Ever gone on vacation and wished to pretend to be someone else for the week? Just really get away from it all, including yourself?
My oldest daughter spent our Hawaiian vacation being a boy.
Chicken Noodle, nee’ Elizabeth, most often known as Libby, announced upon arrival in Honolulu that she was now to be referred to as Eli. And that she was a boy, and would only do and wear “boy things.”
Given that the day before we left, she’d undergone a radical haircut, and also that Eli/Libby/Noodle has a rather forceful personality we’re all long accustomed to, the transition was fairly seamless. Chicken Little gave a brief nod. I—total fan of masquerade and espionage, myself—gave my approval.
Grandma took a half-second to get on board, but then she was there all the way. “Eli, would you like to play a game of Rat-a-tat Cat? It’s gender neutral.”
Eli wore the same clothes every day—that which we’d brought that was “most boyish.” Life is Good tee-shirt, black shorts.
I’d promised both chickens new swimsuits. At Macy’s in Ala Moana Center, the sales lady automatically pointed Little in one direction and Noodle in the other. I followed Eli to the boys section where we purchased a crisp new pair of Quicksilver board shorts and some black flip-flops. (Little selected a fine Hello Kitty floral bikini and a plumeria barrette for her hair).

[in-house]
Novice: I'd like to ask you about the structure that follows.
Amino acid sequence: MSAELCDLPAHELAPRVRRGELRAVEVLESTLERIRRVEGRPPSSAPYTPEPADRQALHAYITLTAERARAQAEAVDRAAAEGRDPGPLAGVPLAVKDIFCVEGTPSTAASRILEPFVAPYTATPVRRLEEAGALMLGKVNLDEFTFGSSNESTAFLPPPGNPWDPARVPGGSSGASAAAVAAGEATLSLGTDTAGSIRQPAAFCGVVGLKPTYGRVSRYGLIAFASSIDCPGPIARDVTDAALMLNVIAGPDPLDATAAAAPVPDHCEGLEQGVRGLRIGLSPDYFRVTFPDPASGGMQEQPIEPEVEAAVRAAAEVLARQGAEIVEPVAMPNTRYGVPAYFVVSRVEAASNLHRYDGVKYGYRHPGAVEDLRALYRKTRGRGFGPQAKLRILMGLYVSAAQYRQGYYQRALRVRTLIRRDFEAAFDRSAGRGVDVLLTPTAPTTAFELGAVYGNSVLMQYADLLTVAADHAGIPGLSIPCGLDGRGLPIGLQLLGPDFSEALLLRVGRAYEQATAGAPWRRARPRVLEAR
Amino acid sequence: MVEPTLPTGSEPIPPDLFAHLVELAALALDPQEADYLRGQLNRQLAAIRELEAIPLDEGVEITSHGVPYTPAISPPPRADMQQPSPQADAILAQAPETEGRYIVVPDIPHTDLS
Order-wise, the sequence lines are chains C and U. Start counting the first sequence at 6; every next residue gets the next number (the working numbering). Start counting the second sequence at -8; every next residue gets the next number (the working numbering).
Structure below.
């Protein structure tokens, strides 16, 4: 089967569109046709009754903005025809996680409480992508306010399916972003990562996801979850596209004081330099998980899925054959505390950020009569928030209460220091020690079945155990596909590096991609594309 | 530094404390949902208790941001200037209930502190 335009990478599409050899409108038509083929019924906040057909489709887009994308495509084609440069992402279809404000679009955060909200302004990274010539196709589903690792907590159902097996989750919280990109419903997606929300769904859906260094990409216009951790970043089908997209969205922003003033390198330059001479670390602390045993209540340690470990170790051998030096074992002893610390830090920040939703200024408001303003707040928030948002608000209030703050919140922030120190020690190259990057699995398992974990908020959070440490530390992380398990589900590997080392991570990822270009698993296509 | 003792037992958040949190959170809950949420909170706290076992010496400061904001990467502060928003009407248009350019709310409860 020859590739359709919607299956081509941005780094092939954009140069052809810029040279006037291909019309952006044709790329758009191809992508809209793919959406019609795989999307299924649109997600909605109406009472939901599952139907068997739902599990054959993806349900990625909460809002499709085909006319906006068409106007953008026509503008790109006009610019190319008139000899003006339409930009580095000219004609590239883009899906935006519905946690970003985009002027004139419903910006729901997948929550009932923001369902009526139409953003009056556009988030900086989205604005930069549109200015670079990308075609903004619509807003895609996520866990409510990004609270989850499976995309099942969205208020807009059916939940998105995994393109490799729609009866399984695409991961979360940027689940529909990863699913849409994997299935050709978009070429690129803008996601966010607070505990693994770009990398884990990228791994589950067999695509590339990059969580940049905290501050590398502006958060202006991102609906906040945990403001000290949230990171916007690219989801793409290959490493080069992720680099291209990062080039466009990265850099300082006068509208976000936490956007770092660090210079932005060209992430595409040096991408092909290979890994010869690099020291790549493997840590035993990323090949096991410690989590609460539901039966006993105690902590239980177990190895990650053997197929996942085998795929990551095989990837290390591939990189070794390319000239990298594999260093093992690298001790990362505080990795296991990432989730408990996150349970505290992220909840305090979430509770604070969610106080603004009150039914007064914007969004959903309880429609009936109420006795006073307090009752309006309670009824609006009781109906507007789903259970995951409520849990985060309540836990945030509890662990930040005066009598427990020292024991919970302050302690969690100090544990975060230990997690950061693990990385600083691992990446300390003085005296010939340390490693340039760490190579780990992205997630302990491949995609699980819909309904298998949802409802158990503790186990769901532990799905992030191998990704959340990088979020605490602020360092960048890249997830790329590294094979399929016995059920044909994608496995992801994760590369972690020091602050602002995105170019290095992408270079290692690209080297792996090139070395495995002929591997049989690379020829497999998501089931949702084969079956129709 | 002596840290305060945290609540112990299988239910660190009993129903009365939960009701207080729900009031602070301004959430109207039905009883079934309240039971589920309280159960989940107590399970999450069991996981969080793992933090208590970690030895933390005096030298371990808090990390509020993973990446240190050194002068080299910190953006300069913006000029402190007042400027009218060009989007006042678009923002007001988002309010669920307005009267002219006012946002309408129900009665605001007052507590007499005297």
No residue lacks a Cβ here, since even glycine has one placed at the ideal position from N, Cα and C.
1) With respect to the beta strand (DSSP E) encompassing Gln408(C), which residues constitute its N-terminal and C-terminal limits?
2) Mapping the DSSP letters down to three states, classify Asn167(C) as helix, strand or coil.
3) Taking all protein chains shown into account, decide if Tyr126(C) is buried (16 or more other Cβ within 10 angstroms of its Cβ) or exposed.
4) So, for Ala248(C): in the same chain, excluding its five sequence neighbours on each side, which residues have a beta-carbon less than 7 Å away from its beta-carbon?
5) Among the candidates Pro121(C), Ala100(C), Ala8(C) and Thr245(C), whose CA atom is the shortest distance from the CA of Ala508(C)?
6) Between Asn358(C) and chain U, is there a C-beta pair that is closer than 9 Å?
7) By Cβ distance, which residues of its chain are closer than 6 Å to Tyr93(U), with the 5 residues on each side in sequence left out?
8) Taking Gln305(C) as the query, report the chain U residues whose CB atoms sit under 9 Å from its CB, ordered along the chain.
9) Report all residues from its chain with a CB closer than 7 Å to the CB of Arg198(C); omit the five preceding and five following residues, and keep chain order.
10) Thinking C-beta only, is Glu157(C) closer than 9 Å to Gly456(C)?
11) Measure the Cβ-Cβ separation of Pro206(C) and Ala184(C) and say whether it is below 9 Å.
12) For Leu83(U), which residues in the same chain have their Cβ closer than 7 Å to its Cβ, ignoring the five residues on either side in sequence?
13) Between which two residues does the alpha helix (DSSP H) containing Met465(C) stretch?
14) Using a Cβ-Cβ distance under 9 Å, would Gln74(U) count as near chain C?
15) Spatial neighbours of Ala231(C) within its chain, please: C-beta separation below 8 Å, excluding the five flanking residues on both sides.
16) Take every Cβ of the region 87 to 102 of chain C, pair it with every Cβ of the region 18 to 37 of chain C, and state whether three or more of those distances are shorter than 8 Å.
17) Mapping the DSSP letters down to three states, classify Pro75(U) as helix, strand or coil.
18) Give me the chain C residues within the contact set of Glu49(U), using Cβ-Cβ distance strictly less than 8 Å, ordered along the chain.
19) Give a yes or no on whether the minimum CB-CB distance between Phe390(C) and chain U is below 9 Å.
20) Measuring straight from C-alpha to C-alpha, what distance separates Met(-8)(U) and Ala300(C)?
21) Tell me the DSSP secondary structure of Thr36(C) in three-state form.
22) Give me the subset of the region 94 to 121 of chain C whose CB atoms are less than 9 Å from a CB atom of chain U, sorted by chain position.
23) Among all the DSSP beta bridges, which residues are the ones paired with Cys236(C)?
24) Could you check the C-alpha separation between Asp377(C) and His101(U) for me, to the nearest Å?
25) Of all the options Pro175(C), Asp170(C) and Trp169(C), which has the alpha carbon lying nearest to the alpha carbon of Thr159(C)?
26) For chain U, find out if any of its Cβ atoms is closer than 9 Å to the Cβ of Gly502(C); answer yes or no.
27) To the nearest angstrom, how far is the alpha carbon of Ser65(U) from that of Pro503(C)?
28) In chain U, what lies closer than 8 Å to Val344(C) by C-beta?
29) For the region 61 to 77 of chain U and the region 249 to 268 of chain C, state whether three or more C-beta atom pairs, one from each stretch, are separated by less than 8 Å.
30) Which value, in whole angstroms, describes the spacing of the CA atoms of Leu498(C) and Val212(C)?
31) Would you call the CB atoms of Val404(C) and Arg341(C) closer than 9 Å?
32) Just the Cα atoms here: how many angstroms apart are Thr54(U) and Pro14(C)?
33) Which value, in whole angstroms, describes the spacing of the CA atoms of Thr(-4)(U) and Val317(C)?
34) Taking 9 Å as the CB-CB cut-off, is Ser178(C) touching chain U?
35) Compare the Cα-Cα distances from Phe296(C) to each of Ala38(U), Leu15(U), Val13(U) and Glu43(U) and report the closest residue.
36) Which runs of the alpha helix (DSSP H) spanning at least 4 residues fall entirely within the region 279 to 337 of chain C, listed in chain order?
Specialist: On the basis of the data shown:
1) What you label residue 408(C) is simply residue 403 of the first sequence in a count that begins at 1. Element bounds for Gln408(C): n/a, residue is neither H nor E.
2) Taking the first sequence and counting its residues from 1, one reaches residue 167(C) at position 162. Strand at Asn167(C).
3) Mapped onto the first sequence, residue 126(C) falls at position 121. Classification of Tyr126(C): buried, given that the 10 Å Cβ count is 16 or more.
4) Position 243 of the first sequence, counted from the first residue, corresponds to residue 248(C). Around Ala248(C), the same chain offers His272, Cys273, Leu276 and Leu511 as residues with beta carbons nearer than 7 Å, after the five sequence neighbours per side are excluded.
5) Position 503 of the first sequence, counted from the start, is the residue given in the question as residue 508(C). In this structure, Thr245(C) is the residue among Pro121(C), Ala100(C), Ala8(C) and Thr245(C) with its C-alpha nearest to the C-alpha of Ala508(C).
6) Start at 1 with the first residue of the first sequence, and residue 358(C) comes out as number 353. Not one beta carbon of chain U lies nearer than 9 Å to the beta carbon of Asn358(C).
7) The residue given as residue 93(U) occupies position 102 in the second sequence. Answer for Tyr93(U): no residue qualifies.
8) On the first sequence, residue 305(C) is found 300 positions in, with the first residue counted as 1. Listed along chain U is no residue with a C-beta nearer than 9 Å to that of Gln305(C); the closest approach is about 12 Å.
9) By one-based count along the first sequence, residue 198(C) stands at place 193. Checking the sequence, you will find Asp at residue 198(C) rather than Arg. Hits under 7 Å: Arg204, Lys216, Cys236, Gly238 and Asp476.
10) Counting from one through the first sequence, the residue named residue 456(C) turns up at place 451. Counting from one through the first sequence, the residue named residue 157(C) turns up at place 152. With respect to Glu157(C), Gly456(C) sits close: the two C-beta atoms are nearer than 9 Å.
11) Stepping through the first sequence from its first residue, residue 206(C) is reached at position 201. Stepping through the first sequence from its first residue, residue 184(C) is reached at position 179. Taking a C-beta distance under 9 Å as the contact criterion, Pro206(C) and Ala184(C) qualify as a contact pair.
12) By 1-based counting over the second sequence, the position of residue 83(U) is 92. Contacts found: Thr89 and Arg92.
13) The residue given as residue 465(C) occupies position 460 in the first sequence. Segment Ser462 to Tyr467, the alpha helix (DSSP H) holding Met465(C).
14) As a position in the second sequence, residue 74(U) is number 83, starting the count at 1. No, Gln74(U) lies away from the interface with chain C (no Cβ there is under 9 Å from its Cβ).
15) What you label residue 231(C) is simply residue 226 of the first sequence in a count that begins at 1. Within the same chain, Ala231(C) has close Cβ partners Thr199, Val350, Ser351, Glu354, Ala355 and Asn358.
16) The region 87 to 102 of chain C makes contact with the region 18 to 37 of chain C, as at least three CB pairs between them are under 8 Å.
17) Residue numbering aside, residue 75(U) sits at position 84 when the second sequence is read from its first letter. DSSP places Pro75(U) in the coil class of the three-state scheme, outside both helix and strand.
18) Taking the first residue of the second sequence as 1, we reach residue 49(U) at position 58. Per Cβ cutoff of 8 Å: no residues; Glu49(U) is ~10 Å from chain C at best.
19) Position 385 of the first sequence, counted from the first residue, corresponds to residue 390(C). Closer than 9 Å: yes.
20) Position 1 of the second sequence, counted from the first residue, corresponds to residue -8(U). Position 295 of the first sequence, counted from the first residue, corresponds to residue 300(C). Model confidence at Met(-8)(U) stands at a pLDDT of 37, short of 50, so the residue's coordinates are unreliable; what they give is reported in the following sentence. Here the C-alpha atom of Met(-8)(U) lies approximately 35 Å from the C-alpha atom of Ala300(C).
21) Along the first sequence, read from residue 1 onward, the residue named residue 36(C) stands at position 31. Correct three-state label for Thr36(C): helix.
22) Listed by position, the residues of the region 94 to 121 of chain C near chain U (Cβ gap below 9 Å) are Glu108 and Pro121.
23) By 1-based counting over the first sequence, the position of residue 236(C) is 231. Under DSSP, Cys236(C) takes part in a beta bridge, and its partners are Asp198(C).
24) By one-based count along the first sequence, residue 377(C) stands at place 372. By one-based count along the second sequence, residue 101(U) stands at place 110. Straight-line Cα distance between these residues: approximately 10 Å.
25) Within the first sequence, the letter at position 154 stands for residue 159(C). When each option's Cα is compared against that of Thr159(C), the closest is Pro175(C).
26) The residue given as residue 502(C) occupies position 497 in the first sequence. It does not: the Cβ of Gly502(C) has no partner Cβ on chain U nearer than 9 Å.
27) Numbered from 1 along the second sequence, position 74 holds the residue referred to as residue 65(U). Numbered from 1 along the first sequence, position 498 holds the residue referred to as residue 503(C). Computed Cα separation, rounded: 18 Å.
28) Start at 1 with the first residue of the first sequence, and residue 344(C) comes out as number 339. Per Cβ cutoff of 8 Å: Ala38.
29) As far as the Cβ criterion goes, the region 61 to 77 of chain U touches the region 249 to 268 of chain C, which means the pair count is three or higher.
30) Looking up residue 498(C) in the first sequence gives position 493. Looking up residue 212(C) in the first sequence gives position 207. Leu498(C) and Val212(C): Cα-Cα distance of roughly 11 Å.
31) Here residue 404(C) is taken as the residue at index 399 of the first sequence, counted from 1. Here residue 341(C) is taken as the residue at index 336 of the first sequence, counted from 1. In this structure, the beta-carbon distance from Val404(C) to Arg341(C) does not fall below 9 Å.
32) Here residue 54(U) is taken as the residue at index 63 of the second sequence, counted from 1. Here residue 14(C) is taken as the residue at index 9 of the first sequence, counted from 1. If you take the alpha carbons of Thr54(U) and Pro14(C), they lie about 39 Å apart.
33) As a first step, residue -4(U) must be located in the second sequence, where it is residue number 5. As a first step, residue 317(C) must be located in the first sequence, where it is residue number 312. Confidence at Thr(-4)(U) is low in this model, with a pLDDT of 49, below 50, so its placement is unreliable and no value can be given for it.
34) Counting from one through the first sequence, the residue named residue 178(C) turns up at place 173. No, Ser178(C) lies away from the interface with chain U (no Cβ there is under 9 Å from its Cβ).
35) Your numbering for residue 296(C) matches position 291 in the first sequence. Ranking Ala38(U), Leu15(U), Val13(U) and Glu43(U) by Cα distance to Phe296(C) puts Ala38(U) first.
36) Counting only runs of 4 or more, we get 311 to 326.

At the beach, my children taught themselves to boogie board. They met a new friend named Grace. Little introduced Grace to her brother, Eli. The dynamic of being both oldest and male gave Noodle even more reason to boss everyone around than usual.
At our favorite beach bar, where we get drinks with pineapple and umbrellas on top, the waitress called Eli “sir.” She was elated. I grinned and agreed that it was awesome.
I was slightly less amused when my daughter got booted out of the ladies room a few minutes later by a self-righteous middle aged guest. I asked Noodle what she said to the lady who’d demanded she vacate the premises.
“I told her I was waiting for my sister,” Eli replied.
“You could have just told her you’re a girl,” I pointed out. Eli hadn’t considered that option.
Near the end of our trip, we went to Chinatown. There were a lot of pretty dresses in Chinatown. I saw Eli’s commitment to boyhood waver in the face of all of those flowing tropical prints.
She selected a fringed sarong, albeit in blue.
On the plane home, I said, “So who’s going back to the second grade? Eli or Libby?”
She wasn’t sure.
“Hello, Eli!” Captain Daddy (who had been kept abreast of the situation via text message) greeted her back at home.
“Daddy, it’s Libby!” she corrected and threw herself into his arms.
Macy’s issued a full refund for the board shorts.